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2018 MCHAP

Square House

David Leven and Stella Betts, LEVENBETTS

Stone Ridge, NY, USA

June 2016


David Leven and Stella Betts, LEVENBETTS


Nat Oppenheimer, Silman (Structural Engineer) Marc Peter Keane (Landscape Architect) Eric Glasser & Company (General Contractor )


Andrew Zuckerman and Nicole Bergen


Naho Kubota


The Square House is a 43’ x 43’ house designed around a very simple concept: that architecture can completely engage landscape not just through its apertures but from its organizational basis and its approach to what it means to be inside and outside. The house has no front door, no back door, and no formal entry. Rather the house is conceived as a series of rooms that can be accessed directly from outside creating a fluid relationship between interior and exterior. The house also has no windows, only doors. These apertures open onto a series of outdoor spaces such as a moss garden, a wood deck with adjacent sculpture garden, a sloped wooded space and a bermed lawn. The roof is also activated as a viewing platform (from which to see the surrounding woods and stream) and elevated raised bed vegetable and flower garden. The square plan reinforces a non-hierarchical informal organization while still allowing each face of the building to offer a different experience of the landscape and light.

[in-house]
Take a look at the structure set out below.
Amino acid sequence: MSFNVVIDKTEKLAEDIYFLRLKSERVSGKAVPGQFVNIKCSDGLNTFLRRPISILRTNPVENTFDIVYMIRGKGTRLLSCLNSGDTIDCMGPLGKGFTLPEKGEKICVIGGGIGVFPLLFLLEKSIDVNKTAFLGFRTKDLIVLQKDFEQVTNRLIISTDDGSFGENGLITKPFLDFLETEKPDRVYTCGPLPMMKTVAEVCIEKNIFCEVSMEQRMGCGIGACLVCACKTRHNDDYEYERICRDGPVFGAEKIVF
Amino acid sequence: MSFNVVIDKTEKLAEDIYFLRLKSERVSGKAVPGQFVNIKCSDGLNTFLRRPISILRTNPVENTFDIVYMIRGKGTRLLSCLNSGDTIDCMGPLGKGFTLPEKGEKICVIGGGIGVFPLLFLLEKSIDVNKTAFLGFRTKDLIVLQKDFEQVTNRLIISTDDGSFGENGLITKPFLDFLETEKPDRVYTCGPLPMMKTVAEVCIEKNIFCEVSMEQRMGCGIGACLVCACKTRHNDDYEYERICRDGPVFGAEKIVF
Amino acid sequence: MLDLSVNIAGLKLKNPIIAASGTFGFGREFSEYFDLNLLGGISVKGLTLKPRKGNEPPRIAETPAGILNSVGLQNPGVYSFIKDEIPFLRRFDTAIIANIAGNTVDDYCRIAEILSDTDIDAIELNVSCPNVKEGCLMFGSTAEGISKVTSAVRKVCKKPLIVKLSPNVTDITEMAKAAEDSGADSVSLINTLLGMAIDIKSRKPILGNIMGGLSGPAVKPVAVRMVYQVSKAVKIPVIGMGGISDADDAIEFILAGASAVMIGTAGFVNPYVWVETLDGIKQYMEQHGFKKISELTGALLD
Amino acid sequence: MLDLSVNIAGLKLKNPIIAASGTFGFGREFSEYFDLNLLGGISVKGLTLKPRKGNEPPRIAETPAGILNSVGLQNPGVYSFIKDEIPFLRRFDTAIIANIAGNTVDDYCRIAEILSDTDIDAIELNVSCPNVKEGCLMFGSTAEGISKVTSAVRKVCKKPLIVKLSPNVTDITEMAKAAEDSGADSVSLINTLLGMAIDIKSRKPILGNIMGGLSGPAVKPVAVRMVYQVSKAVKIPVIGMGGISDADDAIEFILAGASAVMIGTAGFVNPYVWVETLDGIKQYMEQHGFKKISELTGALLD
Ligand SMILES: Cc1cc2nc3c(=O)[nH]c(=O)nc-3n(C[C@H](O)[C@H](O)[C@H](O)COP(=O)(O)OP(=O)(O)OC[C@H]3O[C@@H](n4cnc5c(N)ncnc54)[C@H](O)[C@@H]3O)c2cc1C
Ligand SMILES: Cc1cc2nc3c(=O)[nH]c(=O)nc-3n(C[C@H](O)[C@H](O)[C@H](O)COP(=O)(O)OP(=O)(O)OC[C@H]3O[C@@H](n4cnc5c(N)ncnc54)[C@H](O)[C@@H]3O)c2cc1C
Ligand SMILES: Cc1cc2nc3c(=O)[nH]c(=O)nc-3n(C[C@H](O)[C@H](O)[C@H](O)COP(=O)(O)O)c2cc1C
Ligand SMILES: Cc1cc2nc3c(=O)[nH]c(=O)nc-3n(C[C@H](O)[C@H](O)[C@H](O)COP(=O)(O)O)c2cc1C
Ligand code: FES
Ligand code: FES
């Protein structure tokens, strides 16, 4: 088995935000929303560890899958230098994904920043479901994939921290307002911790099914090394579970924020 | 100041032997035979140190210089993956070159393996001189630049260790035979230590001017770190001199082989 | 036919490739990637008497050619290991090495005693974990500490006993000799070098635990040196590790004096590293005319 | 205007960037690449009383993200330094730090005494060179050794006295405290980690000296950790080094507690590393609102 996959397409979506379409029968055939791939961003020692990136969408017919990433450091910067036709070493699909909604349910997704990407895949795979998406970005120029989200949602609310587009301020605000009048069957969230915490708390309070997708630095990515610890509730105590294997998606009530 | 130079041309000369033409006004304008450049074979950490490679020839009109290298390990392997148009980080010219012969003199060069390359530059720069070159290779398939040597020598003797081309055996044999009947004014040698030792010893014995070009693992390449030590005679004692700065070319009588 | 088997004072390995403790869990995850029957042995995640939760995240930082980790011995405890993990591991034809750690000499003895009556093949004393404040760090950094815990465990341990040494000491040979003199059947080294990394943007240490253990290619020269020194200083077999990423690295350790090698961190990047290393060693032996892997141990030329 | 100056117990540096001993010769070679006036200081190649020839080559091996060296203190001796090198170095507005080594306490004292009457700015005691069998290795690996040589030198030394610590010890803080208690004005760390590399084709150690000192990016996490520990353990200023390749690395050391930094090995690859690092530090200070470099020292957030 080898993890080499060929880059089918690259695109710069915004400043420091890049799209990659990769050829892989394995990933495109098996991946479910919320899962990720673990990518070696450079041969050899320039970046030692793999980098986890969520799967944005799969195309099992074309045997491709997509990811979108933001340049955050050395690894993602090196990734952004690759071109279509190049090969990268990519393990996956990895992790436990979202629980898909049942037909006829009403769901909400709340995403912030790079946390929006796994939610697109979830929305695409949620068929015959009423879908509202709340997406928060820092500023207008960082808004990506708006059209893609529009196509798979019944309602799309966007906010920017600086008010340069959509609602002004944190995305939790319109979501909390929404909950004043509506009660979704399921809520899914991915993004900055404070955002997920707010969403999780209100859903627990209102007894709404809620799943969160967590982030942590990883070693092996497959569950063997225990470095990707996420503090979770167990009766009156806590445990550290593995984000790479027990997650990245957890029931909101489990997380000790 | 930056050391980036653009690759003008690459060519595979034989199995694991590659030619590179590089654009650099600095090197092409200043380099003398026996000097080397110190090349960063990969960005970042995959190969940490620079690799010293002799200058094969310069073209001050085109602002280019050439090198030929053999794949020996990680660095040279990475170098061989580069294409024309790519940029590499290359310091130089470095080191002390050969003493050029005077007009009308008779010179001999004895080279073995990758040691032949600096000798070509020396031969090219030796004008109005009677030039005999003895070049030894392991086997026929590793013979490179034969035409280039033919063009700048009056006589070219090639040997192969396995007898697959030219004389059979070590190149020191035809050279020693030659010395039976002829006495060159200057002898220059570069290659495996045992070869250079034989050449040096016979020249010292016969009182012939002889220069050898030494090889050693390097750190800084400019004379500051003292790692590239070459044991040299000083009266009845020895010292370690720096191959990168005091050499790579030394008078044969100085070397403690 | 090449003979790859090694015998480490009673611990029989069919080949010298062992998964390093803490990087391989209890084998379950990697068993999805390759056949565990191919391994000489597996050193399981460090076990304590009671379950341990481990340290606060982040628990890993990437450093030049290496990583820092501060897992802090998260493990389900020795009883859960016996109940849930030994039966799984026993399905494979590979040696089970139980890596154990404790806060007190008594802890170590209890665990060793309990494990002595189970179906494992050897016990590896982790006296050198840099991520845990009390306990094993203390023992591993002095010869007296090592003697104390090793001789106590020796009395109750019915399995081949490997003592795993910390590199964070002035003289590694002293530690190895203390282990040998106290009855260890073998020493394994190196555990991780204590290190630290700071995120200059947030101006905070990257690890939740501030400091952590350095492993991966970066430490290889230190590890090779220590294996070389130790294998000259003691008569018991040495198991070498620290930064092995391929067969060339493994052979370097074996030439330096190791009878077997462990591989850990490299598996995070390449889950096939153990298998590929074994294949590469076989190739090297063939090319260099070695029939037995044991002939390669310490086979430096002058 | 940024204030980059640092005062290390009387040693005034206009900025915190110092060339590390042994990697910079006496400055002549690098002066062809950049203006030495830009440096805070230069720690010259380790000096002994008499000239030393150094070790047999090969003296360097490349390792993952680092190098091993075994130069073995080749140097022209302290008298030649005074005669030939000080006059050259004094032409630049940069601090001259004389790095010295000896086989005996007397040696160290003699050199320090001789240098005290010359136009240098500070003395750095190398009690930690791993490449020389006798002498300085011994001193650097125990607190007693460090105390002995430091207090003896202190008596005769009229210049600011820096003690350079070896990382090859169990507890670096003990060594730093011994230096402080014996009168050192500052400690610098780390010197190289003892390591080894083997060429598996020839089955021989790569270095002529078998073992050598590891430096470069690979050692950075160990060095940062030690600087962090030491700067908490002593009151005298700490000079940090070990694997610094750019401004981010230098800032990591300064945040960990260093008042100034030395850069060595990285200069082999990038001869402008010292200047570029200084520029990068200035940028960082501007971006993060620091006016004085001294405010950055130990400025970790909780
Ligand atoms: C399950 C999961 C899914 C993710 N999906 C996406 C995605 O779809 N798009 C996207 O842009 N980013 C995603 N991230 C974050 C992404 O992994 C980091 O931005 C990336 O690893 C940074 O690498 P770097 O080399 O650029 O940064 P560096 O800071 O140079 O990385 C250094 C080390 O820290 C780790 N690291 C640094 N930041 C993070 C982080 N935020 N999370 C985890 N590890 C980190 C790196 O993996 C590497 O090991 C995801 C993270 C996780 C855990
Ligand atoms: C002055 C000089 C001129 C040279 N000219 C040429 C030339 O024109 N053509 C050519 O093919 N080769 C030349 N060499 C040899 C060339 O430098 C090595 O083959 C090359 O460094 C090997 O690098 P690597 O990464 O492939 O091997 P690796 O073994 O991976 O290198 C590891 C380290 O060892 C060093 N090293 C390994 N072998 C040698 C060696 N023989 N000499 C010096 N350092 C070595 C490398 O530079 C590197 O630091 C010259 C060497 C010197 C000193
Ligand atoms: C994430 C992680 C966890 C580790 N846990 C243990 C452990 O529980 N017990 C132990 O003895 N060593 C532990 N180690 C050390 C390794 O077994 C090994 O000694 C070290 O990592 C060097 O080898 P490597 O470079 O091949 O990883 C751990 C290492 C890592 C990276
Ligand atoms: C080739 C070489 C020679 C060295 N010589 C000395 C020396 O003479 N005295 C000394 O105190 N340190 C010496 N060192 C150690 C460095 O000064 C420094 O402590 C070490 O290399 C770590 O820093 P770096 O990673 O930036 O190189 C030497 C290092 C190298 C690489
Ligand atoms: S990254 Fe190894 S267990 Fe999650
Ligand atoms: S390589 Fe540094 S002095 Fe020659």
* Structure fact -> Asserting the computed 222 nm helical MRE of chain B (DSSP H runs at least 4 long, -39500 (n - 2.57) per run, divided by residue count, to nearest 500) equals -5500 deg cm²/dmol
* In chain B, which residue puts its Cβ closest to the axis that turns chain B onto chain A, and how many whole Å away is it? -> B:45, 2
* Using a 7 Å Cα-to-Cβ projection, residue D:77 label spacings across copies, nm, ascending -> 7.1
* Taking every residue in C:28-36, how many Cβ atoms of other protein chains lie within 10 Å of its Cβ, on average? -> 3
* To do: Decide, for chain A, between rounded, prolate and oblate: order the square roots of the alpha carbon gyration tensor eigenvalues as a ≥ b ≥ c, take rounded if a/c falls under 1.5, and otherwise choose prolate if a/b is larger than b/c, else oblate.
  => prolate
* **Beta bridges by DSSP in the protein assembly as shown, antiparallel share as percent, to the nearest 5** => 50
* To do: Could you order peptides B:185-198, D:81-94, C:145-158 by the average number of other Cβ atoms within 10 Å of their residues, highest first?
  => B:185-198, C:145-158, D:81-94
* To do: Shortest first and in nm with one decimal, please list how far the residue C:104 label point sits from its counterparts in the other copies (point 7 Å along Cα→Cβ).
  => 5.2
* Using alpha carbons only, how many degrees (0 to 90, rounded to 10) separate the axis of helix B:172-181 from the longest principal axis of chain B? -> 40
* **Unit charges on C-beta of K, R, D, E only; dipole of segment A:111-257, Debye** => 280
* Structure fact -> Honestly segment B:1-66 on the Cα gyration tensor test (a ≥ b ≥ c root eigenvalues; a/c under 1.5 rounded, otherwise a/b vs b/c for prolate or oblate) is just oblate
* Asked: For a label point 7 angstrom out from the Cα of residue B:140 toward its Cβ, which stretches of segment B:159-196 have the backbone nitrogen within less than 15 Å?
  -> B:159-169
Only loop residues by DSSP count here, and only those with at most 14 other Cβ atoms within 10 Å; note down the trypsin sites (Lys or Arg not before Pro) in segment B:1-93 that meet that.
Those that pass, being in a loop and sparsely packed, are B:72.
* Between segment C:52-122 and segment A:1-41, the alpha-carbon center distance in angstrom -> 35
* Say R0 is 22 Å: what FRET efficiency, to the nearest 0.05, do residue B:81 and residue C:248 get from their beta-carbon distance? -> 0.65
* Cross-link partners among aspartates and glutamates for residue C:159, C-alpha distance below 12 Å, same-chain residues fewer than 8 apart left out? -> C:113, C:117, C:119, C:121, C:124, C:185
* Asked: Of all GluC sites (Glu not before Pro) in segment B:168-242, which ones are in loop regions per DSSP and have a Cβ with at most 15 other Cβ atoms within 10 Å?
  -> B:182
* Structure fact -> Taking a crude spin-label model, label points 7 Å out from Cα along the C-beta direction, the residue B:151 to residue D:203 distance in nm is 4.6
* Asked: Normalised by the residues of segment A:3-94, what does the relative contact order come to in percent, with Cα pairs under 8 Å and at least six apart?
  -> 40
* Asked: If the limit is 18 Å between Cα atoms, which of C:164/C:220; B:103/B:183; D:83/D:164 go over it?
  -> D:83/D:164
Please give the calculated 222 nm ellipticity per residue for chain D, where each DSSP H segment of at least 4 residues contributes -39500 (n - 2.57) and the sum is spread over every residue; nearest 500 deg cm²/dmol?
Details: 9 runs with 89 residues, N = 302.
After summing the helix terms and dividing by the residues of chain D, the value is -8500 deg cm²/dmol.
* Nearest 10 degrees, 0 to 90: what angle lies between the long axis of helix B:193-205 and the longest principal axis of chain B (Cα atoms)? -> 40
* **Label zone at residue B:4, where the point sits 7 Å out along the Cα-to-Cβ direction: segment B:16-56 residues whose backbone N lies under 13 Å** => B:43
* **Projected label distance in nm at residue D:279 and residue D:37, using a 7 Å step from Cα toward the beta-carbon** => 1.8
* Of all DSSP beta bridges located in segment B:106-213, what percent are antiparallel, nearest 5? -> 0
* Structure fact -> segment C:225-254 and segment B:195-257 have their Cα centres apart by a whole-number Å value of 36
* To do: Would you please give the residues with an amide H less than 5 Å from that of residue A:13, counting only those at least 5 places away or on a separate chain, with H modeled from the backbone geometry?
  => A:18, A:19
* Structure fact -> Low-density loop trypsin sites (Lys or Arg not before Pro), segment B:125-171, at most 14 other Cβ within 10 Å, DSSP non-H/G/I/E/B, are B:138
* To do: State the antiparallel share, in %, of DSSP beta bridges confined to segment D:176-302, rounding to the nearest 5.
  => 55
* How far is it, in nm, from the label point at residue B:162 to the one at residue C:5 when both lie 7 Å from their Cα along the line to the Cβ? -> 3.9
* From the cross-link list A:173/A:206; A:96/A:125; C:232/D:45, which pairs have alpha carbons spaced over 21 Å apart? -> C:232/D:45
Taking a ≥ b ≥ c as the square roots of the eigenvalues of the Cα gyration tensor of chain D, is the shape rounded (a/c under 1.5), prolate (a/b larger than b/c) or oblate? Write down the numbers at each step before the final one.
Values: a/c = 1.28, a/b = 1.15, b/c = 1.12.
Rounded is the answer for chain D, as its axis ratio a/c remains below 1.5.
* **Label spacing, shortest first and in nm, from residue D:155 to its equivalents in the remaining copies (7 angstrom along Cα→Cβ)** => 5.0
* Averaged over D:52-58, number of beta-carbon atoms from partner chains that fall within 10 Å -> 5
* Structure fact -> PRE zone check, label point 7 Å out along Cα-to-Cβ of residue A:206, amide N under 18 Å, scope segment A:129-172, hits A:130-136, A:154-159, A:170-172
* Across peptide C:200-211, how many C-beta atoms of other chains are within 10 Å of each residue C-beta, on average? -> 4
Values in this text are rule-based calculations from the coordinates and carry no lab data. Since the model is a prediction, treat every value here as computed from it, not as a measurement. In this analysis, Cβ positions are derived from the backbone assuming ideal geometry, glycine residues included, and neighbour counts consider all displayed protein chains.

Square house, located in upstate New York, is an 1,850 SF house set in a sloped clearing in a wooded landscape. The house is designed to be a place of rest in the forest away from the city. Centered around openness to the outdoors, the house allows the inhabitants to be both in the house and in the forest and garden at the same time. The central objective of Square House is: less house, more nature. The house responds to the landscape by engaging the slope, the surrounding tall trees, a stream farther down and far and near views. A direct experience with this landscape - from within and without through a series of large and small apertures and a stepped section - formed the impetus for the project. Large apertures occur at public spaces and tall narrow apertures are found in the private spaces. Following the slope of the landscape the house steps down from 8’-6’ floor to ceiling in the upper bathing area to 10’-6” at the entry. The bath and a sunken living area drop farther into the section at the upper and lower portions of the house.


The material approach maximizes the sculptural and textural opportunities of cast concrete allowing the building to sit in the landscape and become an integrated part of its site. The material challenges the house type and its domestic program by acting as a both a massive threshold and a permeable surface through which domestic space and nature can co-mingle. The house’s sustainable approach is non-technological. Square House heats with the large fireplace and hot water radiant heating cast into the concrete slab. It has no air conditioning thereby using very little energy. Instead the house utilizes the thermal mass of south shaded concrete (calibrated to allow in only winter sun) and uses very little energy. With doors at each room, the house can be easily cooled through cross ventilation. Through these choreographed energy strategies the house reduces its carbon footprint and is based on the principal of getting back to basics: back to nature!

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